Adam Lang wrote:
>
> I got a bit lost at what you were explaining.  Could you try again for me
> please?
>
> Adam Lang


You are using the AS/400 as a communications pathway, not as a
host. All the 400 does is pass your 5250 conversations in both
directions to the PC server. There's no additional logic or
software on the AS/400. Suppose your pc server is
myserver.mydomain.com . The green screen user does a telnet to
myserver.mydomain.com, and receives a menu (created on the
myserver by the applications programmer, using a simple PC
application).

Each menu item either leads to a submenu, or to a program
function. When it leads to another menu, the myserver displays
that menu. When it leads to a program function, the myserver
looks up that program name in the menu file, and passes it a
session number and whatever startup parameters are needed.

Say the program is 'myprogram1'. Now myprogram1 sends screens
thru myserver that are sent back from myserver to the green
screen user. It accepts input screens through the same
mechanism. The VB program sends a screen, then waits for input.
When input comes, it does a select case based on the last screen
that it sent, to know how to handle the input. Screen layouts
would be created with a Screen Designer and stored in a
database, which could preload into local variables in the
initialization section (or asynchronously triggered by
intitialization or first use of that screen.)

You would probably store returned fields as data fields in a
user type.

Each VB program would talk to one screen, the myserver would
replicate the programs as needed. When the user makes a choice
to end that application, the VB program informs the menu system,
optionally chaining to the next program in a sequence. A Vb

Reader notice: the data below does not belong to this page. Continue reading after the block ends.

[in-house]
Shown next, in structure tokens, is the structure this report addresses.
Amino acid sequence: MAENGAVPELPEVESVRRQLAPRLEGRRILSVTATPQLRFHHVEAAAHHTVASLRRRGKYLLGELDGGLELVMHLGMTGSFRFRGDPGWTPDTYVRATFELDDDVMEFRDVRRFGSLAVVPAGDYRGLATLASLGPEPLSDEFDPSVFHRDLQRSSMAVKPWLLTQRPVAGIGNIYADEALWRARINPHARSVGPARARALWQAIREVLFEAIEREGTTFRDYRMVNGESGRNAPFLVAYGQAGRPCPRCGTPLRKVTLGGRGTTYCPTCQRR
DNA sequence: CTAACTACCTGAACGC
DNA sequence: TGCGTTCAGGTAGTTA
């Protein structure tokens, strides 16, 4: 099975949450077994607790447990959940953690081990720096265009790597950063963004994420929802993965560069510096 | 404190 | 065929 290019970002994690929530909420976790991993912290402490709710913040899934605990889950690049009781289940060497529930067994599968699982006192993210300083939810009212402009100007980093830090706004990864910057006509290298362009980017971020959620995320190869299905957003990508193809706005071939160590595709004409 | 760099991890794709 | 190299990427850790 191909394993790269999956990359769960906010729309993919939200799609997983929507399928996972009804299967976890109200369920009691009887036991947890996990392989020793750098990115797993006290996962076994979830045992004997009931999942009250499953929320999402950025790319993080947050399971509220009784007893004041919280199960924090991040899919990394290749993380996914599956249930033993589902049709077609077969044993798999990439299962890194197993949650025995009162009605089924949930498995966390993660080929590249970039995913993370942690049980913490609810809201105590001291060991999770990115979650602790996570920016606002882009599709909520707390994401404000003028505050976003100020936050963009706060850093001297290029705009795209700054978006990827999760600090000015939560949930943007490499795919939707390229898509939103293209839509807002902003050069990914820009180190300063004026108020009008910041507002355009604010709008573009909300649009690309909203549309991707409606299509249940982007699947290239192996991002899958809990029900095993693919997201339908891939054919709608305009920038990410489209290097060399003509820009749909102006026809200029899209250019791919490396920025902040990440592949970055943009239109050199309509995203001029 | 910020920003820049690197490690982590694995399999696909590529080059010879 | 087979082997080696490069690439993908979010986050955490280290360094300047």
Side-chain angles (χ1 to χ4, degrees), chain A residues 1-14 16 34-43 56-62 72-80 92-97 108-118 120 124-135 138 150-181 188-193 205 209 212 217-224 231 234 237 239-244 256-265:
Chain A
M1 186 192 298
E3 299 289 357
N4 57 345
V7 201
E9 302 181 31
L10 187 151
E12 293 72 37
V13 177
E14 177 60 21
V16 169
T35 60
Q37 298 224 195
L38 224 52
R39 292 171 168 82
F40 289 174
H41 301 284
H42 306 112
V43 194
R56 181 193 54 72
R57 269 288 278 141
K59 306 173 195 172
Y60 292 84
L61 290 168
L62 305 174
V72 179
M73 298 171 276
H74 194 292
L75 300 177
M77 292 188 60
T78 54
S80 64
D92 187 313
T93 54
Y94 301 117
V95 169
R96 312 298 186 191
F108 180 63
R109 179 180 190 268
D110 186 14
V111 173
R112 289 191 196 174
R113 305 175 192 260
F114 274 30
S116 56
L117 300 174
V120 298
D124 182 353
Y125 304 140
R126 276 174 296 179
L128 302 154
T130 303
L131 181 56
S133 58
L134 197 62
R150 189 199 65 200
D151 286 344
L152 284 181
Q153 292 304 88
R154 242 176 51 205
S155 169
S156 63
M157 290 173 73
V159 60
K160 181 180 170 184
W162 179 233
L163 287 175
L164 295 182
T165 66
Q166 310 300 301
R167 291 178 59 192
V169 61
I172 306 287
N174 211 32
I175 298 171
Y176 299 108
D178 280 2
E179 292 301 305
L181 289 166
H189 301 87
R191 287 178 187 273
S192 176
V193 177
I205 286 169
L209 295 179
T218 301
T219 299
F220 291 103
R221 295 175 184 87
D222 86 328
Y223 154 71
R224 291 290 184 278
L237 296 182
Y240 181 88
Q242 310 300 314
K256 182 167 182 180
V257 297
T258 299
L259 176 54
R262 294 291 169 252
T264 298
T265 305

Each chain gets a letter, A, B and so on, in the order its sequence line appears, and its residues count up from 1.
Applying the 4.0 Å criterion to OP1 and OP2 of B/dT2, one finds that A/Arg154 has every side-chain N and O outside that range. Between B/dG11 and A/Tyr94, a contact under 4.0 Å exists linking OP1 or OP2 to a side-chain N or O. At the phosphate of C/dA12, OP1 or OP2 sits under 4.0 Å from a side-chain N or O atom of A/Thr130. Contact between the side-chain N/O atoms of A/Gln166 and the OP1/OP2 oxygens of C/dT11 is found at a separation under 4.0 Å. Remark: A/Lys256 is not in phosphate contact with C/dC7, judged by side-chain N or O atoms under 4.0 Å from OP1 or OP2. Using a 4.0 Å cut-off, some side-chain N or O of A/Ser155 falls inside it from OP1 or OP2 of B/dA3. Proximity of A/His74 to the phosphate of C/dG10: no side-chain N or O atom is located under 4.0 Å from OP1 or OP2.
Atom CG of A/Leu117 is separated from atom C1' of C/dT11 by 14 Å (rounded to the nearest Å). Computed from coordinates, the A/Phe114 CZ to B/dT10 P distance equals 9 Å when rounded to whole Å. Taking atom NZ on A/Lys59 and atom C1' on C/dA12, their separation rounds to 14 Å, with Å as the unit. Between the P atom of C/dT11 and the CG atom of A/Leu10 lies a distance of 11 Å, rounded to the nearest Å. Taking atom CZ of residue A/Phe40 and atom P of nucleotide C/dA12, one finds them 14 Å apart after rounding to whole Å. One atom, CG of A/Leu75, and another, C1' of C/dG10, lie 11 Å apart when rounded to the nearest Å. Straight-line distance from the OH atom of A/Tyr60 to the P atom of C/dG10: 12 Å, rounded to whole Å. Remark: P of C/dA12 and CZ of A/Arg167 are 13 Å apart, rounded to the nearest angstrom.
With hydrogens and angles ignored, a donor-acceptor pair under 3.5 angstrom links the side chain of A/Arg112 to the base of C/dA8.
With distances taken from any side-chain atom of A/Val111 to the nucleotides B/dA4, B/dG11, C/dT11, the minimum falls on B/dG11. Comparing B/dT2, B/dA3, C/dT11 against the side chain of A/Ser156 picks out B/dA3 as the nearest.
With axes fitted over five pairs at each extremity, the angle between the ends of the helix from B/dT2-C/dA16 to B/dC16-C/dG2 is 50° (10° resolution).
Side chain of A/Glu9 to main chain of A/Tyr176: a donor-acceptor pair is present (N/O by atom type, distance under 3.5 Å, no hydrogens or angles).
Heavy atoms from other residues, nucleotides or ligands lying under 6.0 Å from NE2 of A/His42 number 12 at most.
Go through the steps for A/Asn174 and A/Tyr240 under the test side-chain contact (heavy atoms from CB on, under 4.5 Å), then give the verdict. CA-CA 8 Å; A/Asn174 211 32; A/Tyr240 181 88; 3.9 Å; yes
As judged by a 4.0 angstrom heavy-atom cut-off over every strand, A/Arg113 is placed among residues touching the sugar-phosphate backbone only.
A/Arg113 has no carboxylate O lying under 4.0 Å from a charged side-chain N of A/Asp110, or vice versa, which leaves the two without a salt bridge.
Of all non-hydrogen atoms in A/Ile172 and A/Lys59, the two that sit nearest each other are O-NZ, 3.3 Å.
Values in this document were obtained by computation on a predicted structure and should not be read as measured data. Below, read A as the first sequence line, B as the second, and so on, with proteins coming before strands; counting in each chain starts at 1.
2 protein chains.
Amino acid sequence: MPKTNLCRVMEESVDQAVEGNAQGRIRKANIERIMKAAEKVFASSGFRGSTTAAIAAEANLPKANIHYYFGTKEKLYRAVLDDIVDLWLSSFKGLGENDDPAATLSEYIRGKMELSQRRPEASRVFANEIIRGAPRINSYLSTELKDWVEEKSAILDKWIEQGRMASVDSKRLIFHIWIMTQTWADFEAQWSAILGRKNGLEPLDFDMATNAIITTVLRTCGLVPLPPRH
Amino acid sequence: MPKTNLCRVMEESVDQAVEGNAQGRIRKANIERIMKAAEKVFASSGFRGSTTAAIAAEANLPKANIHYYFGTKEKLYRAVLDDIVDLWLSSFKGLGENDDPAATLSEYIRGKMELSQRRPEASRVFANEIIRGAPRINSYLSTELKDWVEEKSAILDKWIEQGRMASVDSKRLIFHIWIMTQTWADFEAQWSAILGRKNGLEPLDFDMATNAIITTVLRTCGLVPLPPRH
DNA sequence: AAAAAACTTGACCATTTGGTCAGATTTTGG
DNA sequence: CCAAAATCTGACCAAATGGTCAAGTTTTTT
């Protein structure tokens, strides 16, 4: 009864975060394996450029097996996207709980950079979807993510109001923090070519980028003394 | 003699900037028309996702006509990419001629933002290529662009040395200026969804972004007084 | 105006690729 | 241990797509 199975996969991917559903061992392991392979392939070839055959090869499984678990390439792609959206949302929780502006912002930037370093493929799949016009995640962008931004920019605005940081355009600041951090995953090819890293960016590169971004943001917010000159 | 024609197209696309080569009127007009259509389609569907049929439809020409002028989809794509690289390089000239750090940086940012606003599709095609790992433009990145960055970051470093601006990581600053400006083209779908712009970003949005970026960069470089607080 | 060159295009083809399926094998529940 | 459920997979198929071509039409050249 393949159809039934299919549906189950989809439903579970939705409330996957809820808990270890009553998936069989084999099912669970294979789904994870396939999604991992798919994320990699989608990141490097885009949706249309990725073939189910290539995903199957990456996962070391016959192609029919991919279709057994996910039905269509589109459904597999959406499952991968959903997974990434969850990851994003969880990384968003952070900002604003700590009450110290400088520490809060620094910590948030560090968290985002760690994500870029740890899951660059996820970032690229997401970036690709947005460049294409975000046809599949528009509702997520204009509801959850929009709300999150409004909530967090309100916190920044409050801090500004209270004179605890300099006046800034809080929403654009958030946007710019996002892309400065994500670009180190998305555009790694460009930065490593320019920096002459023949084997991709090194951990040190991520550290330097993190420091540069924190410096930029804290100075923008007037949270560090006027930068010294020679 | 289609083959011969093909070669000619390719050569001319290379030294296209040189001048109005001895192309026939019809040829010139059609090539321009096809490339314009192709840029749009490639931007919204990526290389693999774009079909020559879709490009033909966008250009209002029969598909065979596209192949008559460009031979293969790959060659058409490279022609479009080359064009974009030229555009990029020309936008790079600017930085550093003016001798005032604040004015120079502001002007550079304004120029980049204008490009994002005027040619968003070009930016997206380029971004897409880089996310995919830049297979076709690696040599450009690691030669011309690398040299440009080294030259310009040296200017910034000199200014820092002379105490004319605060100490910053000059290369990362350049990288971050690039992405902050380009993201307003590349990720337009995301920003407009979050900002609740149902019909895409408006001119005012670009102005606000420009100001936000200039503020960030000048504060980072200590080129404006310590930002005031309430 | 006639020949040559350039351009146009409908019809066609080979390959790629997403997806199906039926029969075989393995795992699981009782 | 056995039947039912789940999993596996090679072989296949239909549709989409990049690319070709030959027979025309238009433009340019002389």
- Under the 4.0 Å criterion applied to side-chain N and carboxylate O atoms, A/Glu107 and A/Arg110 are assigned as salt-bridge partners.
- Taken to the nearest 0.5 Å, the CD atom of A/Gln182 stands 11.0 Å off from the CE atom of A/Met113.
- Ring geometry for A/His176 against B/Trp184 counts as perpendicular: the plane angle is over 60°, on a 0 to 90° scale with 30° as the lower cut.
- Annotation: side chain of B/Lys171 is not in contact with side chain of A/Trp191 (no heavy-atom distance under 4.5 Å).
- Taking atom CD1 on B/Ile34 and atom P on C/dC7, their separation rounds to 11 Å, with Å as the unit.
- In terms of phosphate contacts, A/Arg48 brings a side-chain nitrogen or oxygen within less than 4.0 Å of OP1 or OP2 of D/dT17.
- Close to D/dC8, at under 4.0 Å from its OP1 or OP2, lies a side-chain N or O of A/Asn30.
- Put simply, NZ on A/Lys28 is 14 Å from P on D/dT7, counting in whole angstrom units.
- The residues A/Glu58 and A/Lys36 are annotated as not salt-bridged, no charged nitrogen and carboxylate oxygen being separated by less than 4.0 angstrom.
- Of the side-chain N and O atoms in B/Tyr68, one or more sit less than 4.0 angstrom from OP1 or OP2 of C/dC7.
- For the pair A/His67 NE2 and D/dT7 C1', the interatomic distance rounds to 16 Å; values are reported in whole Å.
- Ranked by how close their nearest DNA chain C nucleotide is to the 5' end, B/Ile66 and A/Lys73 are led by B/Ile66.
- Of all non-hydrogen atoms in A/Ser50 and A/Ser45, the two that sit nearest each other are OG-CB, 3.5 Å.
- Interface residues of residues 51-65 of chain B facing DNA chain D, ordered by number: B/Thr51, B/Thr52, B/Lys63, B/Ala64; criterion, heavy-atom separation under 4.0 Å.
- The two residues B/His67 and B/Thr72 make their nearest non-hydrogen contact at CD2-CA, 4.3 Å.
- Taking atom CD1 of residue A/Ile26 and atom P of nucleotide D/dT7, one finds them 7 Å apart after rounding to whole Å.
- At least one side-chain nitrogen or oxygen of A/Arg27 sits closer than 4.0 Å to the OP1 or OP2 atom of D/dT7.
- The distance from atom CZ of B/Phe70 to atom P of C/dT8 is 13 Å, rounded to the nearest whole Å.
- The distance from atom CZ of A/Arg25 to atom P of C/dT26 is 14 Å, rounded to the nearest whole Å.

program could do anything you can do on a PC - access a
databases, access the web, print a report, etc.

And of course you could have a simple subporogram that you could
call form a regular RPG program, that would do the
communication. That would be a secondary way of using it,
perhaps to read a shipping scale, or scan a document, or send an
email.

The key is to have enough of an infrastructure so that all the
VB programmer needs to do is minimally program their selected
function, whatever that might be.

Write legacy apps with VB6.

The performance would be great. Unlike a CGI program, that VB
app stays in memory through multiple transactions. The only
thing that might slow it down is if the AS/400 begins to bog
down with a lot of Telnet sessions running. I don't know if it
does or not.

Actually, I think Telenet sessions from a green screen do
trigger CFINT, it would only be if they were from emaulator
screens, and perhaps we could support those remote controllers
that go over TCP/IP.

The purpose of this is not to beat CFINT, the purpose is to be
able to write new and addon applications on a PC that support
5250 (or 3270) terminals.

Does that make it more clear?

--
Brad Jensen brad@elstore.com
President
Electronic Storage Corporation Tulsa OK USA
918-664-7276

LaserVault Report Retrieval & Data Mining
www.Laservault.com

www.eufrates.com - Add distance learning to
your site with easy course preparation


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